The arrival of the $35, wireless-enabled, Raspberry Pi 3, following a similarly 64-bit, $40 Odroid-C2 SBC a few weeks ago, represent a big speed boost for Linux hacker boards but not a sudden switch to 64-bit ARM computing. While the Odroid project offers an Ubuntu 64-bit image for the C2, the default Linux distribution released by the Raspberry Pi Foundation is still 32-bit.
An eventual change to 64-bit ARM firmware is inevitable given the fact that the technology offers significantly improved performance. Pressure will also come from more power-efficient, 64-bit x86 chips. Yet, because of the extensive reworking of code required for the changeover, the Raspberry Pi Foundation will commit only to “considering” a change to 64-bit for the Pi’s default Raspbian distribution in the coming months.
The Raspberry Pi 3 advances to Broadcom’s new quad-core, Cortex-A53 BCM2837 SoC. To ease backward compatibility, the SoC is architecturally quite similar to the BCM2836 of the year-old, quad-core Cortex-A7 Raspberry Pi 2. The Pi 3 delivers 50-60 percent higher performance in 32-bit mode versus the Raspberry Pi 2, claims the Pi Foundation. This is a result of the higher 1.2GHz clock rate, up from 900MHz, as well as other Cortex-A53 improvements.
The BCM2837 is paired with the same Broadcom VideoCore IV GPU found on the Pi 2, although clocked at a higher rate of 400MHz. So, don’t expect any 4K video, let alone high-end VR or deep learning projects from the Pi’s third generation. The Mali-450 equipped Odroid-C2 does, however, support 4K video decoding.
In his Pi 3 blog announcement, Raspberry Pi Trading CEO Eben Upton suggested that open source sensibilities may have trumped multimedia craving in the decision to stay with the VideoCore IV, although cost may also have had something to do with it. “VideoCore IV 3D is the only publicly documented 3D graphics core for ARM-based SoCs, and we want to make Raspberry Pi more open over time, not less,” wrote Upton. (Raspberry Pi Trading is commercial arm of the Raspberry Pi Foundation, and is the principal liaison with manufacturing and distribution partner Element14.)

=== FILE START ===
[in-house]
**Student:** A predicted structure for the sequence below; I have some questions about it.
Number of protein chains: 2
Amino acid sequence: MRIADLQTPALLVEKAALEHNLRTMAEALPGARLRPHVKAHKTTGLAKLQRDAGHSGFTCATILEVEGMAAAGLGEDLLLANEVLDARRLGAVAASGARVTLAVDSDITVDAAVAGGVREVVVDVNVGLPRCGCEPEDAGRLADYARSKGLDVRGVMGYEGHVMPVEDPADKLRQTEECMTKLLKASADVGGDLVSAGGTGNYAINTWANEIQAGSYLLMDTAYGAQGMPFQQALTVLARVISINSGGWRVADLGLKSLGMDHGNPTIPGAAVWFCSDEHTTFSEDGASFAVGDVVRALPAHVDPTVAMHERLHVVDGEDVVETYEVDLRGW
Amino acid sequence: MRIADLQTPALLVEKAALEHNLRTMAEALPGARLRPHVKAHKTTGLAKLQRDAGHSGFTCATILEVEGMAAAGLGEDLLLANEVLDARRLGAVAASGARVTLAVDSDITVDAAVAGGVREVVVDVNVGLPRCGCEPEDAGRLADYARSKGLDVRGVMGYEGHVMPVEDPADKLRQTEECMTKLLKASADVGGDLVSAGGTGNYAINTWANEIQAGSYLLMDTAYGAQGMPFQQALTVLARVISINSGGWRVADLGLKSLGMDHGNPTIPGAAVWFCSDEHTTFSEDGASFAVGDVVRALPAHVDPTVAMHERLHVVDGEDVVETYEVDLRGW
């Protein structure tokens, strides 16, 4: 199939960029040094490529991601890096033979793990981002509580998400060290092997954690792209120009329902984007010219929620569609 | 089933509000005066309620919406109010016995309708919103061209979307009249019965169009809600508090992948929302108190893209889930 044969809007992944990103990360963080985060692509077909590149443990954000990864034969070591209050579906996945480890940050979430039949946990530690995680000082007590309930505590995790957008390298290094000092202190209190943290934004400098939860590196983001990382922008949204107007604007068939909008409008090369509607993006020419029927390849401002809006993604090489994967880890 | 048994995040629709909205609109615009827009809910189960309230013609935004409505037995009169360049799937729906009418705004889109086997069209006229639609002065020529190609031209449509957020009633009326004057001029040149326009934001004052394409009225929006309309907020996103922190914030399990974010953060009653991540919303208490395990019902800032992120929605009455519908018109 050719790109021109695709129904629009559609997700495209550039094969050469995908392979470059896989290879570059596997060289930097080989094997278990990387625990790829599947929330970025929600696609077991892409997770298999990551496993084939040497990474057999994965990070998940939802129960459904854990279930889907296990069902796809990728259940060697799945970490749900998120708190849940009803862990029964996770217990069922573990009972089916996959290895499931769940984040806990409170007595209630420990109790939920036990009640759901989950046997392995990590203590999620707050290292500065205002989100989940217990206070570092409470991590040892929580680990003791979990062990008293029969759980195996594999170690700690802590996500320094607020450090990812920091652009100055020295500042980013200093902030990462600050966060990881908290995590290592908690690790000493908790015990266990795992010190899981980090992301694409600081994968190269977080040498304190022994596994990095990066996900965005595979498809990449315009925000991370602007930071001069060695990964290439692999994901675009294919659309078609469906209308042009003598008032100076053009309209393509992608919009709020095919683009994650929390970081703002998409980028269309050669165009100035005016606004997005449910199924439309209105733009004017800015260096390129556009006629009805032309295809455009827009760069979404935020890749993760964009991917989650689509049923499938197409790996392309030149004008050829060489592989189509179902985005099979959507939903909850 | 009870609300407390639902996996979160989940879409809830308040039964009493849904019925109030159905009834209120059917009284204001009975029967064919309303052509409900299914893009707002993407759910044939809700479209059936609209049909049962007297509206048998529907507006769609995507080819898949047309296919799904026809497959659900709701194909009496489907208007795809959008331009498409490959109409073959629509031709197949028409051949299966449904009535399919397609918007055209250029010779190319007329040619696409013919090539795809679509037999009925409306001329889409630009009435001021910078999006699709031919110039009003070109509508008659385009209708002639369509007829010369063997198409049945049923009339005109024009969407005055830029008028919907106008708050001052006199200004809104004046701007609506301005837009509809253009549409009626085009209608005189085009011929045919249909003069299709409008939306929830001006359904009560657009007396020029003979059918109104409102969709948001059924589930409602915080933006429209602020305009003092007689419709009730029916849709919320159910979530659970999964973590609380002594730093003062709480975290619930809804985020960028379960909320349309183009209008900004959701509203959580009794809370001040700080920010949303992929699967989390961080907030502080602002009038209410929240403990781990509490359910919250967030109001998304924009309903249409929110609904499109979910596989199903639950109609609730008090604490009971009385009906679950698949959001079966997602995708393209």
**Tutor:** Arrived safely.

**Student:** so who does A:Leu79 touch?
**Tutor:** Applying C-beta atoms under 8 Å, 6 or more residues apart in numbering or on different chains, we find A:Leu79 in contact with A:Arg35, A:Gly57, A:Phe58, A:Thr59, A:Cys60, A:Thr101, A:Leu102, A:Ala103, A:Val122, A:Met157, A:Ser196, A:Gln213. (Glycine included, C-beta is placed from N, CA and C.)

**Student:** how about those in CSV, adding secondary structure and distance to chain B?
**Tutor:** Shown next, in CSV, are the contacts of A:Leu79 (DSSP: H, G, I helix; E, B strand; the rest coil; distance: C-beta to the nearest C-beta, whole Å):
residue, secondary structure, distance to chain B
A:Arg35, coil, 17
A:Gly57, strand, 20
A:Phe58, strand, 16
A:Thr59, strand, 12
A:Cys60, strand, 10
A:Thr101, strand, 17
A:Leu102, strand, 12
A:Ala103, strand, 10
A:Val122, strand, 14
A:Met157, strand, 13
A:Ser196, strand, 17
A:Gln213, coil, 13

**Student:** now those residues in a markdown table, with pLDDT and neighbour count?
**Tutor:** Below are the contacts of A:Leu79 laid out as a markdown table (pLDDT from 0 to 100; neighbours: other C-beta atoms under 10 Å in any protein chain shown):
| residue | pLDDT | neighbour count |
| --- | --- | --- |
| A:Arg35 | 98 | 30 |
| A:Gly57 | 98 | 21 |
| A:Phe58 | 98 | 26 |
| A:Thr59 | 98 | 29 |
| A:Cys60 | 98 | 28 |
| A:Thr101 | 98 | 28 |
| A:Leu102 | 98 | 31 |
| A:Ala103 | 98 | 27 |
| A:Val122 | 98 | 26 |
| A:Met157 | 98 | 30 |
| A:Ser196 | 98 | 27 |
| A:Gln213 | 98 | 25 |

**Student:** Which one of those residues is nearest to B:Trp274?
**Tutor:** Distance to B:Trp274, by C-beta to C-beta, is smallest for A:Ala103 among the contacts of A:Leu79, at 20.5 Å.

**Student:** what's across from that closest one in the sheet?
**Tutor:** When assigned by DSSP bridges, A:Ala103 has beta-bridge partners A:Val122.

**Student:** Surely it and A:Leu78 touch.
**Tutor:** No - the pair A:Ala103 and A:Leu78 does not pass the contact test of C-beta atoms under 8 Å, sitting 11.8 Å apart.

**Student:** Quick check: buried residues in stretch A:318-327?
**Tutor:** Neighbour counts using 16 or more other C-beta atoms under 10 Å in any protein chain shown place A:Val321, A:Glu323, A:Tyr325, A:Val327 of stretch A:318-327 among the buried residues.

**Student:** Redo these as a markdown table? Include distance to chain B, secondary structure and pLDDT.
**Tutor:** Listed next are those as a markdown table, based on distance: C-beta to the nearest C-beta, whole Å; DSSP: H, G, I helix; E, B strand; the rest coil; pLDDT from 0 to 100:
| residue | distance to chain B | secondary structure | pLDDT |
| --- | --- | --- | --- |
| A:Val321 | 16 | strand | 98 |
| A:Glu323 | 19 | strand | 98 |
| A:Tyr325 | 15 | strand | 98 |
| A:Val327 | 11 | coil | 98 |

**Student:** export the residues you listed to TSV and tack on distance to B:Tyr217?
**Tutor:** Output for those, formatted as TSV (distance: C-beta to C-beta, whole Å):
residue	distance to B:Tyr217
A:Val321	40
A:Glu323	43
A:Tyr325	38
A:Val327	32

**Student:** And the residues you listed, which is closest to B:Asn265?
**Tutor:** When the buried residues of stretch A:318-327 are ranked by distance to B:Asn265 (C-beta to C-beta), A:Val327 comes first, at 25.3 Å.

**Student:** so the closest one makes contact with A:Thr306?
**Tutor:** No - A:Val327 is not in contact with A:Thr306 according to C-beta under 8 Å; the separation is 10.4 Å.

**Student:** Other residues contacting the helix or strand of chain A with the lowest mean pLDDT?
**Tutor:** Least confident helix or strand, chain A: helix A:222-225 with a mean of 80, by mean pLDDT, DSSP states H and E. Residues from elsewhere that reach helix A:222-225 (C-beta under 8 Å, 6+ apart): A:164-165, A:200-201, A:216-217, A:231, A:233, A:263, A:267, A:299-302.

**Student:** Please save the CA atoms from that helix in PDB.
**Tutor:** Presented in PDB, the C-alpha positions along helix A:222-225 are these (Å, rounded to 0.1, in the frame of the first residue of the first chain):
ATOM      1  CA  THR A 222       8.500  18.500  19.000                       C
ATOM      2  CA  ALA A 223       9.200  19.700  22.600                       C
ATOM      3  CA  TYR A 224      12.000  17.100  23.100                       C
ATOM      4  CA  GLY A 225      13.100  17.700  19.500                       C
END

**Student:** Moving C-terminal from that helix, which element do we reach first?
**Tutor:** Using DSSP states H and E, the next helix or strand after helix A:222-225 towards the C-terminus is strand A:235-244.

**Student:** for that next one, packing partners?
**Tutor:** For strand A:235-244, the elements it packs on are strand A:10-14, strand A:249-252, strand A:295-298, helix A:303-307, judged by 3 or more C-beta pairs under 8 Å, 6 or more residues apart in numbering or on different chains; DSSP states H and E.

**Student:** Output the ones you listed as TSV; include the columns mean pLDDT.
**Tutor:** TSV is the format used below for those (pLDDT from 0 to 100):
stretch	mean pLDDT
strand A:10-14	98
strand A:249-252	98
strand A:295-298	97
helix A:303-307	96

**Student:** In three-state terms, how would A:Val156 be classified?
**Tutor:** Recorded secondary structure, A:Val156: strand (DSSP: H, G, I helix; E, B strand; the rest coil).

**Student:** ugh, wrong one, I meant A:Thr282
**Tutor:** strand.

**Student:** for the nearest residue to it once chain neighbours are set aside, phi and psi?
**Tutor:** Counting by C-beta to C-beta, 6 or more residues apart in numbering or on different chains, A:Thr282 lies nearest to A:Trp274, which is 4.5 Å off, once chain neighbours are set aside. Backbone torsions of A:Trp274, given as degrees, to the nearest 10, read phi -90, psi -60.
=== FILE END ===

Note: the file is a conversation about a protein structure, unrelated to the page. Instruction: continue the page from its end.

Aside from the new SoC, the other big Pi 3 news concerns the addition of a Broadcom wireless chip enabling 2.4GHz, 802.11n WiFi and Bluetooth 4.1 BLE. This convenience helps make up for the Pi’s lower clock rate compared the 2GHz quad-core, Cortex-Amlogic S905 SoC found on Odroid-C2. The C2, however, lacks wireless and costs $5 more.
There has been considerable debate as to whether it’s better to have onboard wireless or let hackers choose their own wireless options via USB or Ethernet adapters. Of course, cost is the main consideration, and the dropping price of wireless chips was likely the deciding factor. Cost was further reduced because the Broadcom BCM43438 chip and its single antenna were soldered directly onto the board, rather than using a module approach. Considering the backlash from the lack of availability of the $5 Raspberry Pi Zero, which is now being sold for $45, the Pi Foundation perhaps decided that skipping WiFi in order to drop the price to $30 was not worth the trouble.
Other than the new processor and wireless capability, the Pi 3 is identical to the Pi 2, with the same dimensions, 1GB of RAM, and 40-pin expansion connector. The only layout change is a slight shift in the placement of the LED. You will, however, need to purchase a more robust 2.5A power supply.